A steady rain that at times became a downpour certainly put on damper on the Indians' 1,000th game at Jacobs Field. The Kansas City Royals did the rest, overcoming a brief scuffle in their dugout to claim a 4-3 victory -- their first in more than a year in Cleveland. A slight ray of sunshine for the Tribe was the news that slugger Travis Hafner will not need surgery on his right hand.
Before the game, Hafner said a re-examination of his broken right hand revealed that "everything is in line and I do not need surgery."
But the Indians could have used a healthy Hafner's bat in the lineup against Royals right-hander Runelvys Hernandez, who in between exchanging punches with his own catcher, worked five innings for the win.
Nobody in the Royals' clubhouse would say what triggered the fisticuffs, which were caught by TV cameras after Hernandez struck out Ryan Garko to end the third inning. In fact, Hernandez claimed, "nothing happened."
His catcher, John Buck, was not available for comment, and his manager, former Indians star Buddy Bell, downplayed the entire thing.
"There was some sort of misunderstanding," Bell said. "Something was said and both guys are extremely competitive, but they have to have a little more poise there. We met and straightened things out."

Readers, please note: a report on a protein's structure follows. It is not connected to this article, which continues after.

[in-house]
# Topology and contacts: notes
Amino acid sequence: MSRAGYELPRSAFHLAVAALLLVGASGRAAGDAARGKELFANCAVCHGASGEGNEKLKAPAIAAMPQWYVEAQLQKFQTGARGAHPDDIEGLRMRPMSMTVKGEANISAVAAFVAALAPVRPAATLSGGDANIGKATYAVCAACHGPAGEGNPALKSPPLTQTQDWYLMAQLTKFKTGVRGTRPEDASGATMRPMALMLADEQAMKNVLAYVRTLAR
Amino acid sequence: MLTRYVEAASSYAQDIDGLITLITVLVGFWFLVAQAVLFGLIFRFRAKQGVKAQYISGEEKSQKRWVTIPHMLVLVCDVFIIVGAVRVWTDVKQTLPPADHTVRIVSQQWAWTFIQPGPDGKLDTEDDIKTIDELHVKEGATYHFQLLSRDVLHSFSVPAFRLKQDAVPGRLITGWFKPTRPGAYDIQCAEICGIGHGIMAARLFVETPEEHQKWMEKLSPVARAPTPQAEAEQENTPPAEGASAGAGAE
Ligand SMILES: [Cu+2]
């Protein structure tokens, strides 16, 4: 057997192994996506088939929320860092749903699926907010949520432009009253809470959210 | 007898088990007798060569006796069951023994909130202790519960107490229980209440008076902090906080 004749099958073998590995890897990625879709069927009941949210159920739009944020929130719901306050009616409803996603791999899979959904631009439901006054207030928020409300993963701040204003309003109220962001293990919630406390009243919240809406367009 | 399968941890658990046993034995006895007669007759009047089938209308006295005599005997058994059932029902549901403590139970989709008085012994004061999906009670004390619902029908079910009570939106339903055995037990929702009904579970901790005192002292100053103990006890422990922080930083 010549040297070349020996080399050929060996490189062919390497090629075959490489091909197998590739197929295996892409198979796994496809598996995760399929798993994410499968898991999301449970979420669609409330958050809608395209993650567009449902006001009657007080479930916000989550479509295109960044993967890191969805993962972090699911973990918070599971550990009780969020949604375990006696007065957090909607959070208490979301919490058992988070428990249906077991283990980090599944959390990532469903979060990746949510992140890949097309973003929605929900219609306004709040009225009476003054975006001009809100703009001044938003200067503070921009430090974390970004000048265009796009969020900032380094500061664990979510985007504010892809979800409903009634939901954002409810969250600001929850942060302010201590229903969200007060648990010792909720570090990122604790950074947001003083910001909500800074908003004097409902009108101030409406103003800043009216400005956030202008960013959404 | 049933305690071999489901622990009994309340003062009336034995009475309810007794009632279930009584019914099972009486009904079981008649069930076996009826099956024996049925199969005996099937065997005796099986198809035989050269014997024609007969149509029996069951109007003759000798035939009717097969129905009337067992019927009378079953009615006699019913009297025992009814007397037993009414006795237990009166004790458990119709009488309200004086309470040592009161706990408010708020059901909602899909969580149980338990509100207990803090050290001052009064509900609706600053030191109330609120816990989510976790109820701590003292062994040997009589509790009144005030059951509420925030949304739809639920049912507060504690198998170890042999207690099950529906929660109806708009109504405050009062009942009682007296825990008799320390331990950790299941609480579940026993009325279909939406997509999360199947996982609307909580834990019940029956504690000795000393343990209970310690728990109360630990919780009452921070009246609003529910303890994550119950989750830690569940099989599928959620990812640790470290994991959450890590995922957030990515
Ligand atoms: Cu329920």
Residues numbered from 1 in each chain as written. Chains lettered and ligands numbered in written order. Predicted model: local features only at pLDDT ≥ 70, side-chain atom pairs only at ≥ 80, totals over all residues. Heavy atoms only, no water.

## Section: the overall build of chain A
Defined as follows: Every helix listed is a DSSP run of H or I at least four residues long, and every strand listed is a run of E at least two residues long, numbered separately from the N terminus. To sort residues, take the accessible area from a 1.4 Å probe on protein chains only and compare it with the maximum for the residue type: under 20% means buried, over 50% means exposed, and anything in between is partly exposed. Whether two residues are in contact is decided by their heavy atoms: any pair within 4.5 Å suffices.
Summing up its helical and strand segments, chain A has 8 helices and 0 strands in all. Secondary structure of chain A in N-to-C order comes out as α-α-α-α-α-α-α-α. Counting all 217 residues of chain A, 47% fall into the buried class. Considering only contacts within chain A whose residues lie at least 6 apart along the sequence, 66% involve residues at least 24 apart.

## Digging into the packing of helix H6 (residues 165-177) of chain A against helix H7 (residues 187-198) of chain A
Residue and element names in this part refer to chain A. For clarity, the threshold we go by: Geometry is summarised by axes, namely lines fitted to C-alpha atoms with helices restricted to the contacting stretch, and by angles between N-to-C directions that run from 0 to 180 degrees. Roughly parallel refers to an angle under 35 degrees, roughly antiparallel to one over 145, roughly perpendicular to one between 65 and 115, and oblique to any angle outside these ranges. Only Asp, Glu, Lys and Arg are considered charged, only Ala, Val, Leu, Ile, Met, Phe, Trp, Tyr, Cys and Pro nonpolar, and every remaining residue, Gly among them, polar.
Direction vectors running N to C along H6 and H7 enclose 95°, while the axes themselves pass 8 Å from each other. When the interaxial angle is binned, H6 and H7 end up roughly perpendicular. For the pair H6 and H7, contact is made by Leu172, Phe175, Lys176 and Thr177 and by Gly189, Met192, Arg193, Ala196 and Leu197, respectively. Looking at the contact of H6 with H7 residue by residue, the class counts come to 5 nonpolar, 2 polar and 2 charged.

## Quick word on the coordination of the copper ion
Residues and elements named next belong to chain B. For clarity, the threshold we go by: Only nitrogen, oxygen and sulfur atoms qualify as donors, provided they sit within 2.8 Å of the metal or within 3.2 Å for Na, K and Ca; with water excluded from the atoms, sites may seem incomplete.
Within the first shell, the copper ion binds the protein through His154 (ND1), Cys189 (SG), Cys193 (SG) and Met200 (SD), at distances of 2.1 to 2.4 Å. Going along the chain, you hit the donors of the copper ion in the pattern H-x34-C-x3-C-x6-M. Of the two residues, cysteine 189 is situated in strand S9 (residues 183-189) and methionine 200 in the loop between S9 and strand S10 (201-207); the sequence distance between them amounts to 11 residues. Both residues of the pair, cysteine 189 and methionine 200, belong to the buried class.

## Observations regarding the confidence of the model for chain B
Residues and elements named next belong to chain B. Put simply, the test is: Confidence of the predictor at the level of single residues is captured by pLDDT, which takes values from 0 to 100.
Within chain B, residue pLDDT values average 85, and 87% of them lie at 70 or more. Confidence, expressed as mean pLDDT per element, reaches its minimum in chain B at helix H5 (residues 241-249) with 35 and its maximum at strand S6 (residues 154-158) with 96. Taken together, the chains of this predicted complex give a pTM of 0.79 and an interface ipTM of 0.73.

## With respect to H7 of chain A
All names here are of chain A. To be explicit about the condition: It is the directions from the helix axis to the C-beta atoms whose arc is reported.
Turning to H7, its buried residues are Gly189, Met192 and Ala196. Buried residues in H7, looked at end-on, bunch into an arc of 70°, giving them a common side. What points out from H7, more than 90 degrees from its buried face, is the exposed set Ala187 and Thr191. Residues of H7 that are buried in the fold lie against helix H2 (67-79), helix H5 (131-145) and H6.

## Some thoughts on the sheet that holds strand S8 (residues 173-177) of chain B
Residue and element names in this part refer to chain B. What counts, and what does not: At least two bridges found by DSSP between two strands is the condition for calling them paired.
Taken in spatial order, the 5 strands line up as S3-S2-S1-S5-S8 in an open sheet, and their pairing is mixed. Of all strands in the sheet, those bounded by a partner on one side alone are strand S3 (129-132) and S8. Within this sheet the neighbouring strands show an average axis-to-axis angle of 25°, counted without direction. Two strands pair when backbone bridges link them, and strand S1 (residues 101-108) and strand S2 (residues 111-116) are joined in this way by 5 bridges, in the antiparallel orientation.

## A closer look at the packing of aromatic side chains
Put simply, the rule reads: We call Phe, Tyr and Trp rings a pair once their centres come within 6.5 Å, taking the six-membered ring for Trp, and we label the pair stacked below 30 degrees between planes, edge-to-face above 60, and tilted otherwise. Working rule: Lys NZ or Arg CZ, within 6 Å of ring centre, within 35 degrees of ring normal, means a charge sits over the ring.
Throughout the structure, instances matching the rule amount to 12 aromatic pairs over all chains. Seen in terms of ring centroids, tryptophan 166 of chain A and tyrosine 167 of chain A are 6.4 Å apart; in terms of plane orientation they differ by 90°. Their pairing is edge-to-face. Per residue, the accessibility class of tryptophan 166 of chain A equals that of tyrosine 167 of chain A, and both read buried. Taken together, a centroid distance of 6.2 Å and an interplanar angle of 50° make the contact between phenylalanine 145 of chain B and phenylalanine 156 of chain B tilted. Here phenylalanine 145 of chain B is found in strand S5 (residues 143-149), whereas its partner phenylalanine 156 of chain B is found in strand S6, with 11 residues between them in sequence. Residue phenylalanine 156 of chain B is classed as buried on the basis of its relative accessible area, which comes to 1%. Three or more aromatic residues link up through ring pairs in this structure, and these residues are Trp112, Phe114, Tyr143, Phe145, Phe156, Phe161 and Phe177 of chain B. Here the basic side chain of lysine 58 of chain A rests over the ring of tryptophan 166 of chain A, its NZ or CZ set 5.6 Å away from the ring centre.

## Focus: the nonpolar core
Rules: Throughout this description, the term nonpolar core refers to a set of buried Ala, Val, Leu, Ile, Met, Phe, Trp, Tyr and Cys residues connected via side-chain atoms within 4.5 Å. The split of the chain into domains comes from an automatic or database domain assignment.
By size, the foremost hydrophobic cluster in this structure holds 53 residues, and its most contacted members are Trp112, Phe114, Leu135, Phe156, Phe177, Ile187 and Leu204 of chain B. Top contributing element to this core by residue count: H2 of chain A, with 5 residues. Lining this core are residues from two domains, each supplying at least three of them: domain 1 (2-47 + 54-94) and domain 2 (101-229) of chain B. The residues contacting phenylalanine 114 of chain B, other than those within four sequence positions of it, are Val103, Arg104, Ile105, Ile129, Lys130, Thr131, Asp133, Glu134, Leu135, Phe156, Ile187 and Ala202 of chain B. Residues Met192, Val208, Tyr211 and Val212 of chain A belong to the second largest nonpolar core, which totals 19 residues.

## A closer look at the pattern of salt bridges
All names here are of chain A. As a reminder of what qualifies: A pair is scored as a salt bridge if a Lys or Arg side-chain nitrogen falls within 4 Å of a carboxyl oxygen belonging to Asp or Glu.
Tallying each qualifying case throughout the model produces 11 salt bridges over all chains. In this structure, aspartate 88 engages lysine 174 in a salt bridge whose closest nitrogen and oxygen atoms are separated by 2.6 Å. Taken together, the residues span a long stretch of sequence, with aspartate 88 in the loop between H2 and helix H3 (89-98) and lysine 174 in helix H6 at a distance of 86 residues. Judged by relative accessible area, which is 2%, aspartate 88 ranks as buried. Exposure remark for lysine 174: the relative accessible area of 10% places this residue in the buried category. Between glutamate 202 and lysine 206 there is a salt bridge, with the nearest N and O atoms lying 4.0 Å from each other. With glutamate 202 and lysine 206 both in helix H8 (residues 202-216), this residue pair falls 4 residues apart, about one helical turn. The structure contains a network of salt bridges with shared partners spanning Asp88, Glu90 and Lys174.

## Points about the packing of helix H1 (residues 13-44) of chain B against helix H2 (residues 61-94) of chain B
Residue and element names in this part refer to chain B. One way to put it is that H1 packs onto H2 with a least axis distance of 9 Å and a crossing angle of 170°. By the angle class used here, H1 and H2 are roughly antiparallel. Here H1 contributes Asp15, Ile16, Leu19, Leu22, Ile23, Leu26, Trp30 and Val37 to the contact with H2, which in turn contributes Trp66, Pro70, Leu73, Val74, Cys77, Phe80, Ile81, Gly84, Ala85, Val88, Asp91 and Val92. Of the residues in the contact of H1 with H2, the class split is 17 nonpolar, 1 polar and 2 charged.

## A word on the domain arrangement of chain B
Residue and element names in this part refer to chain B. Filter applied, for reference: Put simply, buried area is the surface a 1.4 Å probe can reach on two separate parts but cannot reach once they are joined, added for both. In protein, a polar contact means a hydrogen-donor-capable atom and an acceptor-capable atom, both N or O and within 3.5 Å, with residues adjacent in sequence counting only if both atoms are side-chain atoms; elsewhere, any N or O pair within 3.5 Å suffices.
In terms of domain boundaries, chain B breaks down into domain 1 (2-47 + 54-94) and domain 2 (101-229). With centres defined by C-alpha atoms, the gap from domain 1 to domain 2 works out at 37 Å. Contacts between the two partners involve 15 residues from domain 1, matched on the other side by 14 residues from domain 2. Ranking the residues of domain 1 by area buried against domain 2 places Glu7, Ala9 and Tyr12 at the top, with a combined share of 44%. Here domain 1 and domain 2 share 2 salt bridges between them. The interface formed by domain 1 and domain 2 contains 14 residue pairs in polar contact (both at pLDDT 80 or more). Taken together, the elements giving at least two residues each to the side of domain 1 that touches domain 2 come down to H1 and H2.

The Royals straightened out a few of rookie Jeremy Sowers' pitches to take a 4-1 lead.
Sowers (7-4) gave up four runs and seven hits over five innings in his final start of the season. The 23-year-old, who was Cleveland's first pick in the 2004 draft out of Vanderbilt University, is being shut down to avoid being overworked. He has pitched a combined 185 2-3 innings between Triple-A Buffalo and Cleveland.
"It makes sense, but I feel good and would like to keep pitching," Sowers said. "I would have liked to end on a better note."
Sowers went 9-1 with a 1.39 ERA at Buffalo. He was rather ordinary over his first four starts for Cleveland after being called up June 24 -- then went 6-0 with a 1.93 ERA over nine starts until Tuesday.
"I did a lot of good things and a lot of bad, but I'll correct the mistakes and enhance the positives," Sowers said. "I learned a lot this year. If I thought back about it, I'd be content with how I developed and what I did this season."
Jason Michaels (.275), Shin-Soo Choo (.287) and Jhonny Peralta (.257) all had two of Cleveland's 10 hits off Hernandez and four relievers.